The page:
“Having bilingual staff provides an immediate bonding tool,” said Jeff Thrash, program director of CPC Alhambra.

Until the two hospitals started their programs in September, psychiatrists who wanted to hospitalize Spanish-speaking patients had two choices, said Thomas Carrillo, a psychologist at Ingleside. They could send their Latino patients to county or state psychiatric hospitals, which are jam-packed with the urban poor, or to inadequately prepared private hospitals.

“The assumption is that if you’re Spanish-speaking, you’re poor, and you go to state or county facilities,” Carrillo said. “But that’s a misconception. There’s a growing Latino middle class. If something happened to my mother, I’d want her in a private facility.”

Both Ingleside and CPC Alhambra hope to attract Latino patients who are covered by third-party insurance programs, such as those provided by labor unions or large employers.

Most private facilities, even well-meaning ones, don’t have enough Latino professionals to go around, Carrillo said. “They’re worth their weight in gold.”

Therapy by Interpreter

The result is often “therapy via an interpreter--which is ludicrous,” Guzman said.

Mental health professionals say Latino patients have all the usual stress-related problems of modern life, compounded by special cross-cultural stresses.

“We see a great deal of depression,” Carrillo said. “Mexican-born women, say, who were raised in a traditional way. They’re thrown into a new environment here. Their children come home and they don’t even speak Spanish anymore. . . . Men who had been dominant figures in their families. Now they’re no longer the sole breadwinners, and they may even have a small child who speaks English serving as a go-between for them.”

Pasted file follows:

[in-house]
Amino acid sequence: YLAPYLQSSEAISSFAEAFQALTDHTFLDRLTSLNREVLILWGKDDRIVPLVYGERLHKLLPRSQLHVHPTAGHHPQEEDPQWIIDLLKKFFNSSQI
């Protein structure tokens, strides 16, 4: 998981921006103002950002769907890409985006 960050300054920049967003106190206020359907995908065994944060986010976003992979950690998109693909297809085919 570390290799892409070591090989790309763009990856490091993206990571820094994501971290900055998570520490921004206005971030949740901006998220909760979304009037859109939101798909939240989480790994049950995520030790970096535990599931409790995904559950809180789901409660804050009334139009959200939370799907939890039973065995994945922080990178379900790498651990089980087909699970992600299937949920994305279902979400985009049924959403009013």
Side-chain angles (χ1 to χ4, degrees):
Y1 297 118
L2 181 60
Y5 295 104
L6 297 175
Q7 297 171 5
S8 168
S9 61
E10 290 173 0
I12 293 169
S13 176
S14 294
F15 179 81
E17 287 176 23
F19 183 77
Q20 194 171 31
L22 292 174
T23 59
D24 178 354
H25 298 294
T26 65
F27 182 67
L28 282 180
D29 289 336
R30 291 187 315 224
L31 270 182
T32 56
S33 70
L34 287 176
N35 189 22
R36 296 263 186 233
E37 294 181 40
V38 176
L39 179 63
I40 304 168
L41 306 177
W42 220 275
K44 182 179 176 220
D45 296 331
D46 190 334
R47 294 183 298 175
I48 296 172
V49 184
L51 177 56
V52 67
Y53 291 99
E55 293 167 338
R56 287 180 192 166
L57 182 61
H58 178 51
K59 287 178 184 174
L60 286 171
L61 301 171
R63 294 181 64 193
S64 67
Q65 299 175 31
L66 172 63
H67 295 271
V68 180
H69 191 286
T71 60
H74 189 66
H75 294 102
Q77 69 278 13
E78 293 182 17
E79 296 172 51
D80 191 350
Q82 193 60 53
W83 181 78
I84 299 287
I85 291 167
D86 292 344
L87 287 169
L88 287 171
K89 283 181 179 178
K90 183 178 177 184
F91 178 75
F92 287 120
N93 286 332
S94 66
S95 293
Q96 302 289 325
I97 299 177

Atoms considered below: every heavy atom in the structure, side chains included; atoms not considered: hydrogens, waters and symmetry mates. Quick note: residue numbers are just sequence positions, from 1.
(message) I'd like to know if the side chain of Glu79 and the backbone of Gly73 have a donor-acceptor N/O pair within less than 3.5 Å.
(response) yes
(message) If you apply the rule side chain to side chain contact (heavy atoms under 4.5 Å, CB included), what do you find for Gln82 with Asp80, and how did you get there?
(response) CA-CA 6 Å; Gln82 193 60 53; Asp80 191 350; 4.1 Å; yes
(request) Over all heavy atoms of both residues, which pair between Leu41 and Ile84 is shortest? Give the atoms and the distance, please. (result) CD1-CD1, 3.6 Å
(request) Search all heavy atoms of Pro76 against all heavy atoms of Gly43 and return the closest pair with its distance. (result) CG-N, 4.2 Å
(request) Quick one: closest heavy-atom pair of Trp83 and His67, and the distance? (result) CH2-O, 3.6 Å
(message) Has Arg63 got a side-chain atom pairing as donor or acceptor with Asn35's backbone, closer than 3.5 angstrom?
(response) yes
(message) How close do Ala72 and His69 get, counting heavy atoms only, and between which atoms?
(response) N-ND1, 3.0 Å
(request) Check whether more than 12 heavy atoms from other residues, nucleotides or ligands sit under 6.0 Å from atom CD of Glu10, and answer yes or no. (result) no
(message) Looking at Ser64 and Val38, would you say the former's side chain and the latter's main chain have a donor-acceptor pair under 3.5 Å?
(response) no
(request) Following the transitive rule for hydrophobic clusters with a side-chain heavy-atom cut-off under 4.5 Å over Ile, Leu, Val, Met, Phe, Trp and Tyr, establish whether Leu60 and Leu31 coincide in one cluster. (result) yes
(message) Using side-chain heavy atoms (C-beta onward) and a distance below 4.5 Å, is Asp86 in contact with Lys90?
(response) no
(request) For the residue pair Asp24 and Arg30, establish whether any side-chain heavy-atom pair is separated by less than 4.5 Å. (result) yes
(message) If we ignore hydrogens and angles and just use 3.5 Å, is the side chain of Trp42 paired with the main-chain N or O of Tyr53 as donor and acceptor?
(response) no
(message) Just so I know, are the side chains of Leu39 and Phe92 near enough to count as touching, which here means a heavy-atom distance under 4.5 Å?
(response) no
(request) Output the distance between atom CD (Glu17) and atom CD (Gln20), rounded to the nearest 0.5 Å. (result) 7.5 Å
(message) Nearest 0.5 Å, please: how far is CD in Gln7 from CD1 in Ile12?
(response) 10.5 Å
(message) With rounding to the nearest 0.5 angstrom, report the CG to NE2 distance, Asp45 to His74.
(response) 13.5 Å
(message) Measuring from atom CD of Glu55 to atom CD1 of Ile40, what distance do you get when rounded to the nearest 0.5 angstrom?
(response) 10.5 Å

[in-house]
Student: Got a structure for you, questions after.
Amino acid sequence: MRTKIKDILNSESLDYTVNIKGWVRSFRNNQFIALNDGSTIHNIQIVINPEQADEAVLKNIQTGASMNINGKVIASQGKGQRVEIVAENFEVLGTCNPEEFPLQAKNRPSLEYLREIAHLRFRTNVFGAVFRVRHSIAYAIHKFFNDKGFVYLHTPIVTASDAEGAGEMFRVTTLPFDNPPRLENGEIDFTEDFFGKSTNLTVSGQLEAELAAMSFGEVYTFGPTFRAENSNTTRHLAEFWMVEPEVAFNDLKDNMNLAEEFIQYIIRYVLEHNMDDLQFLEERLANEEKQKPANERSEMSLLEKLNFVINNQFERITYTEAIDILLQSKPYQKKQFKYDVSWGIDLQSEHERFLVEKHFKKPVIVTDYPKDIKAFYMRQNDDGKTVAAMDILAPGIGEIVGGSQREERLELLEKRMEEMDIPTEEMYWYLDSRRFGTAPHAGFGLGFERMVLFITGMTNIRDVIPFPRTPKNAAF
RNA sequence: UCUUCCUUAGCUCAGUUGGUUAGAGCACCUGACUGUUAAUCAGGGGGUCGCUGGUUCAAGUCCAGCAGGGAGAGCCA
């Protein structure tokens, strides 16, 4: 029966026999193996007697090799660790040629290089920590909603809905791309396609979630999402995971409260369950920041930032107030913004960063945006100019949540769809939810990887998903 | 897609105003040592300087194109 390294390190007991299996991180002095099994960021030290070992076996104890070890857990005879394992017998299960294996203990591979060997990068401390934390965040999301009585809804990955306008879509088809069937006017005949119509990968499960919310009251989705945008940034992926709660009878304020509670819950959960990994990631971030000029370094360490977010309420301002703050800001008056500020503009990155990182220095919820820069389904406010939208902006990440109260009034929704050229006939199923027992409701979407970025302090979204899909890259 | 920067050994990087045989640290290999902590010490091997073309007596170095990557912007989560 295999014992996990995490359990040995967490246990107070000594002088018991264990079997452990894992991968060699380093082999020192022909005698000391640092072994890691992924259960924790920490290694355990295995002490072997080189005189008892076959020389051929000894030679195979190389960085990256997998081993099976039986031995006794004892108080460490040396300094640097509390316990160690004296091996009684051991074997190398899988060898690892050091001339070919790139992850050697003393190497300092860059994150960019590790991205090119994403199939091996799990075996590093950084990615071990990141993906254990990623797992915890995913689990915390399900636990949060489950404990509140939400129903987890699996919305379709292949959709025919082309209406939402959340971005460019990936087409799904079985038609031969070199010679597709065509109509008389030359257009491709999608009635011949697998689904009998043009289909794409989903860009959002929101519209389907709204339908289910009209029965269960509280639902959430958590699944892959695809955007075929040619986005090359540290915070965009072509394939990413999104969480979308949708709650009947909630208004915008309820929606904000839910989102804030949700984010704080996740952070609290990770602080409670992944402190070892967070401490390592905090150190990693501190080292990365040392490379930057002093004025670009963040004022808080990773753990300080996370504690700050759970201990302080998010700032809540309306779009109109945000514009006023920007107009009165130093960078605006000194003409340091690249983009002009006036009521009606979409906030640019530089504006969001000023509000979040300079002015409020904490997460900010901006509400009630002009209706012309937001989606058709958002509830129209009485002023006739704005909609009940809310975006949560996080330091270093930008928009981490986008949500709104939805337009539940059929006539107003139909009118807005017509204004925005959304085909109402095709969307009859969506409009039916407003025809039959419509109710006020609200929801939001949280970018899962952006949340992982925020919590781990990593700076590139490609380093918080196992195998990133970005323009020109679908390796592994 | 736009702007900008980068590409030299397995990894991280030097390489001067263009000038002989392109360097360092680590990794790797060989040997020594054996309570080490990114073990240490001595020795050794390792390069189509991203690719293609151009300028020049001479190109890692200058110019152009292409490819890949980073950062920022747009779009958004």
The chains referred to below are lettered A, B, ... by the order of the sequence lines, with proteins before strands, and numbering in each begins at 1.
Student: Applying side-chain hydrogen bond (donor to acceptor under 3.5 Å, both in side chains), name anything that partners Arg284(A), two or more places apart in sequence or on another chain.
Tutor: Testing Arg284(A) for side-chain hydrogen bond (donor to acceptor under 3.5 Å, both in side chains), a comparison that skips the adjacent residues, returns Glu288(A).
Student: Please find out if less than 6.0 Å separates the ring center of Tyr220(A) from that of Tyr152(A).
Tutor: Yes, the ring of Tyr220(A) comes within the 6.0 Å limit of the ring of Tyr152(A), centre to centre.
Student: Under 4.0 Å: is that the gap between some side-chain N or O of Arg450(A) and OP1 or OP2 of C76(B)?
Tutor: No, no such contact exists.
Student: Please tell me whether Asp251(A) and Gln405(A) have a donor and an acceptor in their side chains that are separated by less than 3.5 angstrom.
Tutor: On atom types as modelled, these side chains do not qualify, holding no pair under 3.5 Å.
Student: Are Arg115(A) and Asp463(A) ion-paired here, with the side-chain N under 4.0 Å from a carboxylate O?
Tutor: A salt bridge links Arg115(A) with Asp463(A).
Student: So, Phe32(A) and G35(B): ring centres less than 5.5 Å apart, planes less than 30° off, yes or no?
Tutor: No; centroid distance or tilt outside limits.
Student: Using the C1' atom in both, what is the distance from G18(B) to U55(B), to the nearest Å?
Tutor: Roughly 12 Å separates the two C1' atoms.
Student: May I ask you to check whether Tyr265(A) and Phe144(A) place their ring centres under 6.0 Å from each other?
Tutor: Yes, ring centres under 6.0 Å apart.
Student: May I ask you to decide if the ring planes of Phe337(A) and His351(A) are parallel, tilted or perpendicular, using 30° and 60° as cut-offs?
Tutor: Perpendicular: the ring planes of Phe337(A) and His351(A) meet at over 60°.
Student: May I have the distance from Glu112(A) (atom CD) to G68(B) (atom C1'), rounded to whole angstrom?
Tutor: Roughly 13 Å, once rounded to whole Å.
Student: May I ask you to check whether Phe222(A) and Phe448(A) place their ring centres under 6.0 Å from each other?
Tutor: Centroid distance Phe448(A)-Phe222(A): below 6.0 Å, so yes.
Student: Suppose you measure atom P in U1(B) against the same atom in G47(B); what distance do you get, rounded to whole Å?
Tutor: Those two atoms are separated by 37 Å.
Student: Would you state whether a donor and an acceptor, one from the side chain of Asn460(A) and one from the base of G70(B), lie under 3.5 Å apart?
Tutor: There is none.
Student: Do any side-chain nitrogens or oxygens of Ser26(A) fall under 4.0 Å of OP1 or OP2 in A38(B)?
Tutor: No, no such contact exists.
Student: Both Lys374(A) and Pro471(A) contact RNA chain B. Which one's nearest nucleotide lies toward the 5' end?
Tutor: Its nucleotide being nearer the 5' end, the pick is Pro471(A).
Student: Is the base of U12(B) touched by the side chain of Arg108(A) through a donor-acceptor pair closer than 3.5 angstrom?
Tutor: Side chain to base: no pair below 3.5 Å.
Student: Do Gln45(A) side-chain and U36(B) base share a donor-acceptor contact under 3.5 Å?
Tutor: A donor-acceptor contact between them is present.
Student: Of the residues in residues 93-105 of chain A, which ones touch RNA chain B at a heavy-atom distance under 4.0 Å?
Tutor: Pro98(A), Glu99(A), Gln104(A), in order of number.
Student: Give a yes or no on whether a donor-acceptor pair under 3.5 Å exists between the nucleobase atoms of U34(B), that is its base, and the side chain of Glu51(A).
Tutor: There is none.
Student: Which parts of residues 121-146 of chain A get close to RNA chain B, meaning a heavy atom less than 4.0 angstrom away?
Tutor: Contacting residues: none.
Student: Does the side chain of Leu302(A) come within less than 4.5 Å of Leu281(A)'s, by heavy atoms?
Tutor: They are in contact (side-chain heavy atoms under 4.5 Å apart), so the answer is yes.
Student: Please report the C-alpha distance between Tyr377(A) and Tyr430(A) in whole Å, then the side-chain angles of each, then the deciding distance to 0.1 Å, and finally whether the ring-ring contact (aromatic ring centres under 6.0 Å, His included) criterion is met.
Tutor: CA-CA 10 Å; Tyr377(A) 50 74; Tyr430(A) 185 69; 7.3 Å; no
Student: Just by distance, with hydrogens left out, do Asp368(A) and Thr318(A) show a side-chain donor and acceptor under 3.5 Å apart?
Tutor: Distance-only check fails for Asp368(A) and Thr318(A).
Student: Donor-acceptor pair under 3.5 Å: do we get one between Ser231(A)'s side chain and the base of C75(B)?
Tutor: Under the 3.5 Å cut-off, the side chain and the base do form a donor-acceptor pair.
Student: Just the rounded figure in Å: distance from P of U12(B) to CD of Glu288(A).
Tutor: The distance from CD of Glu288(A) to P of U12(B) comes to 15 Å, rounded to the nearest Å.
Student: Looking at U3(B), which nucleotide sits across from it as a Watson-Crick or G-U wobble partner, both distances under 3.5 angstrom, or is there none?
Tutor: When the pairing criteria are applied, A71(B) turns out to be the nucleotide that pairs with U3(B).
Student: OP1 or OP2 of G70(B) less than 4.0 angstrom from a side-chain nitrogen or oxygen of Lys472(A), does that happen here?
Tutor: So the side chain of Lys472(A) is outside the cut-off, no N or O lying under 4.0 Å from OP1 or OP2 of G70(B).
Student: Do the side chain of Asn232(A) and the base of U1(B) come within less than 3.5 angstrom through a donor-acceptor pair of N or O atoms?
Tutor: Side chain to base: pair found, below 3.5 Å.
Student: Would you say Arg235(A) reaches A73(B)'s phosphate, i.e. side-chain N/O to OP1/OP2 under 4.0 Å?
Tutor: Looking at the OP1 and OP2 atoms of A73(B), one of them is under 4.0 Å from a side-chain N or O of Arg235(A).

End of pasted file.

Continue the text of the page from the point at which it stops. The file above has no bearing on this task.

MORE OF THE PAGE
Add to those disruptions an inherent reluctance to seek help for emotional problems, Guzman said, and the result could be serious mental illness. “By and large, Hispanic people are very private people,” he said. “They don’t like to share a lot of intimacies. It’s hard enough eliciting confidences from them without going through an interpeter.”

Vasquez-Davis attacks the problems with a combination of the familiar and the instructive. She said it is important for patients to be successful, explaining the need for cultural sensitivity. “One day we had a cooking activity and we made guacamole. I knew they’d all be familiar with that.”

The recreational therapist tries to connect the activities she supervises directly to the patients’ lives. How did the middle-aged woman sitting across from Fernando feel about working with a partner?

“It was OK,” said the patient self-deprecatingly. “I’m used to taking instructions.” But a few minutes later, she was confessing that she was too passive in frustrating situations. “I’m calm,” she said. “Too calm sometimes. That’s not good.”

Fernando said working out the puzzle had been satisfying--after he had sought help. “You gave me a hand,” he said to Vasquez-Davis.

“So maybe you just need to ask someone to give you a hand,” the therapist said.